(P011) Stereotactic Radiosurgery and BRAF Inhibitor Therapy for Melanoma Brain Metastases Is Associated With Increased Risk for Radiation Necrosis

April 30, 2015

Rates of symptomatic radiation necrosis appear to be higher for the BRAF inhibitor therapy group. Prospective studies investigating BRAF inhibitor therapy and SRS for melanoma brain metastases should consider incorporating methods to decrease potential radiation necrosis, including fractionating radiosurgery.

Kirtesh Patel, MD, Roshan Prabhu, MD, Mohammad K. Khan, MD; Winship Cancer Institute, Emory University; Levine Cancer Institute, Carolinas Medical Center

INTRODUCTION: Melanoma is an aggressive malignancy with a deplorable penchant for spreading to the brain. BRAF inhibitors, as single agents, have demonstrated intracranial efficacy. The 2015 National Comprehensive Cancer Network (NCCN) guidelines have raised concerns about increased toxicity when BRAF inhibitors are combined with radiotherapy, based on limited case reports. Thus, we investigate the safety and efficacy of stereotactic radiosurgery (SRS) and BRAF inhibitors for melanoma brain metastases patients.

METHODS: We reviewed melanoma patients with newly diagnosed brain metastases from 2005–2012. Radiation necrosis was compared by Fisher’s exact test; local control, intracranial control, and overall survival were estimated by the Kaplan-Meier method.

RESULTS: A total of 72 patients received SRS, with 12 (16.7%) also receiving BRAF inhibitor therapy. BRAF inhibitor patients were similar to SRS-alone patients, except for having a higher percentage of RPA class 3 patients (25.0% vs 0.0%; P = .0030) and lower rates of solitary metastases (25.0% vs 55.0%; P = .034). No significant differences between radiation therapy total dose and dose per fraction, gross tumor volume (GTV), prescription isodose line, or conformality index were identified. Rates of all grades of radiation necrosis were statistically higher in the BRAF cohorts (58.3 vs 26.7%; P = .044); furthermore, symptomatic radiation necrosis was also more frequent in the BRAF inhibitor group (41.7% vs 15.0%; P = .048). One-year local control (83.5% vs 83.5%, P = .835) and intracranial control were similar between cohorts (30.3% vs 26.3%; P = .395). One-year overall survival was higher in the BRAF inhibitor group but not statistically significant (72.7% vs 38.1%; P = .172).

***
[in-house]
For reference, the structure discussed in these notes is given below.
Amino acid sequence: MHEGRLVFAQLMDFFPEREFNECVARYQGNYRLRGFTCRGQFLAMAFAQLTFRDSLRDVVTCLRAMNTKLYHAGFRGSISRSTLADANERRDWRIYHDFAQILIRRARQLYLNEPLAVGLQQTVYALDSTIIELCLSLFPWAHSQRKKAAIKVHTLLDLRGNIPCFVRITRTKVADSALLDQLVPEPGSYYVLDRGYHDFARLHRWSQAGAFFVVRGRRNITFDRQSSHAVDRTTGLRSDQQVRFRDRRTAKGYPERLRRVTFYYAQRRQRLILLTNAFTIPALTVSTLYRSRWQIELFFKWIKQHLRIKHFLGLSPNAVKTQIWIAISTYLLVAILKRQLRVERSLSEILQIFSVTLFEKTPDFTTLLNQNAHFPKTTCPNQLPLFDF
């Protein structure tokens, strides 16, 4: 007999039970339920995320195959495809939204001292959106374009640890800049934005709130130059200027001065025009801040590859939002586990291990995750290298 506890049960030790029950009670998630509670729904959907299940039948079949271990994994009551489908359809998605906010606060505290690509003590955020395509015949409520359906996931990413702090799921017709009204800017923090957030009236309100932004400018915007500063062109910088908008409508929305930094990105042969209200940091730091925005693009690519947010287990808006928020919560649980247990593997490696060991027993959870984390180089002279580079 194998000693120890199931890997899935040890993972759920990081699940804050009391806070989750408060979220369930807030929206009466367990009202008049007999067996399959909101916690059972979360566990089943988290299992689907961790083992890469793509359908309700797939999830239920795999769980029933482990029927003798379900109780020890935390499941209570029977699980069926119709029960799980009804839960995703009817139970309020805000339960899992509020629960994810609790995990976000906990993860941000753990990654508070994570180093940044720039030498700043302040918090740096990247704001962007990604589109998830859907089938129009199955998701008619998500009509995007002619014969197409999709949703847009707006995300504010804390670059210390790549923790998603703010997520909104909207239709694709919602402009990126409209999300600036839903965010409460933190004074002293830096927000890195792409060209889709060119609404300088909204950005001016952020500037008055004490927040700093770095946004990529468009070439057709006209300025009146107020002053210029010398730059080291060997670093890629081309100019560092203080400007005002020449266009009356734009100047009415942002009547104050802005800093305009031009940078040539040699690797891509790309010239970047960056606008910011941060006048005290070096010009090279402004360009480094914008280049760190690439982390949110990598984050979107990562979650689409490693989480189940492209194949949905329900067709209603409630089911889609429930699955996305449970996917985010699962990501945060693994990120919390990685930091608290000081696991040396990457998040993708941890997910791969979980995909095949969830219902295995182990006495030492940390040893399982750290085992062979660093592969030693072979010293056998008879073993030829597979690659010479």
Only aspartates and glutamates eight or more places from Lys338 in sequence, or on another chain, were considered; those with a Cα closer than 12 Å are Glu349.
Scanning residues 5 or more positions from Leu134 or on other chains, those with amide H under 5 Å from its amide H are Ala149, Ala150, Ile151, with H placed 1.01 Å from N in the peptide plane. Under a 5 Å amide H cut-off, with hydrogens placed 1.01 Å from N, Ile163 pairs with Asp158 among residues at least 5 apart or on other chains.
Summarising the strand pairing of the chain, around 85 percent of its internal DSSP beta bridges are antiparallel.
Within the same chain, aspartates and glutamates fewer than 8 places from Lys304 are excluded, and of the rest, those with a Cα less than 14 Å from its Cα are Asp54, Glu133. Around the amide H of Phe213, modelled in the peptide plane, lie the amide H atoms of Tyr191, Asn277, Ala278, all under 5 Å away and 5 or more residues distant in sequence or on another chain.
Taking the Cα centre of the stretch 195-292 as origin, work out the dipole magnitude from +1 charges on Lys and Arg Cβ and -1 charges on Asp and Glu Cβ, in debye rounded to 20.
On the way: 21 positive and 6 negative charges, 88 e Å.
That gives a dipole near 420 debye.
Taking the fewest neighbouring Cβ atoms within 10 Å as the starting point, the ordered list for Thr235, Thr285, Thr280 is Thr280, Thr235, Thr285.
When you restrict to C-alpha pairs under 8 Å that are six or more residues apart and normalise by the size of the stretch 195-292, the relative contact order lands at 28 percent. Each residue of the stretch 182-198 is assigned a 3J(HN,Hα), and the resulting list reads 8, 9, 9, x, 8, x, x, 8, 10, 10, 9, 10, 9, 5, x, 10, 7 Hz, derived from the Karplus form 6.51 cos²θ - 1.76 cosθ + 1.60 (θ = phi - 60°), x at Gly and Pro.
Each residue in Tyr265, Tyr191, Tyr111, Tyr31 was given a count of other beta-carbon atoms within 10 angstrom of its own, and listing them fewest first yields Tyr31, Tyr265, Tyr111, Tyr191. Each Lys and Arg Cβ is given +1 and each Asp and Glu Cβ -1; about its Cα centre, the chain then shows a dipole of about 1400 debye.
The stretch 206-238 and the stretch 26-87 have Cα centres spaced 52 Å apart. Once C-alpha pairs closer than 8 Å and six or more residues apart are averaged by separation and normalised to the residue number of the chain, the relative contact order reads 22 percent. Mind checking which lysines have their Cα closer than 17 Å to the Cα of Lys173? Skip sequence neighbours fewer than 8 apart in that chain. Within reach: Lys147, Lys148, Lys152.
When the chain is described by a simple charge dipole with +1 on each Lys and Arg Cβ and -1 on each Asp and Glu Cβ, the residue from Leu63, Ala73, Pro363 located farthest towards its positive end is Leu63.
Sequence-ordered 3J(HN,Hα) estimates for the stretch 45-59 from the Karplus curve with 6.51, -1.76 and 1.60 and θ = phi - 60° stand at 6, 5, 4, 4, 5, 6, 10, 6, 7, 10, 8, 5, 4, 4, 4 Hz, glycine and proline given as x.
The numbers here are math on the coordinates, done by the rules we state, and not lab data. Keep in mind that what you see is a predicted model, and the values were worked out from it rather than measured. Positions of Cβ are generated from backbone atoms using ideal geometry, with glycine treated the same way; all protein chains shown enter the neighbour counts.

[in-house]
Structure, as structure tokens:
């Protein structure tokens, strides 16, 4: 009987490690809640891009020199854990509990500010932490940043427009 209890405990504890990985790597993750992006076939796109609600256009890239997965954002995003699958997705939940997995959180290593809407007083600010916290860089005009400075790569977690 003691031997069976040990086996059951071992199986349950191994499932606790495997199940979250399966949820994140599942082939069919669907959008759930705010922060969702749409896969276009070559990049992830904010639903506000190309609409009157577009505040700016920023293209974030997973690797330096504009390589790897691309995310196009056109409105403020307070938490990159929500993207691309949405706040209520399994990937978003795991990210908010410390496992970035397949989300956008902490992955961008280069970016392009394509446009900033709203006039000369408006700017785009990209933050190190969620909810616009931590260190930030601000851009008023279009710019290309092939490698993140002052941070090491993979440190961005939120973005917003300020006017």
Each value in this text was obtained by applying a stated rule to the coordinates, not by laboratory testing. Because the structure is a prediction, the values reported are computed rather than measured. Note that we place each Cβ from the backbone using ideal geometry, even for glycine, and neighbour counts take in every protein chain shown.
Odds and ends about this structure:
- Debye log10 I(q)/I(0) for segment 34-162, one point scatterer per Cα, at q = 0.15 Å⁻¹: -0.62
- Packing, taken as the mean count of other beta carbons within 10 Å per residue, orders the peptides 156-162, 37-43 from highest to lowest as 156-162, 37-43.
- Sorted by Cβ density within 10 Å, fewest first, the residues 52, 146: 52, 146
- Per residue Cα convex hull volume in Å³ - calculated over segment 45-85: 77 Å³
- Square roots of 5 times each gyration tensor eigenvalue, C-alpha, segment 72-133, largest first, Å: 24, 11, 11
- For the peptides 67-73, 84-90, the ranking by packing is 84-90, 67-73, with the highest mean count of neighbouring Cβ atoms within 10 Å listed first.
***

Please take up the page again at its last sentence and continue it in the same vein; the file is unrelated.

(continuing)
CONCLUSION: Rates of symptomatic radiation necrosis appear to be higher for the BRAF inhibitor therapy group. Prospective studies investigating BRAF inhibitor therapy and SRS for melanoma brain metastases should consider incorporating methods to decrease potential radiation necrosis, including fractionating radiosurgery.

Proceedings of the 97th Annual Meeting of the American Radium Society - americanradiumsociety.org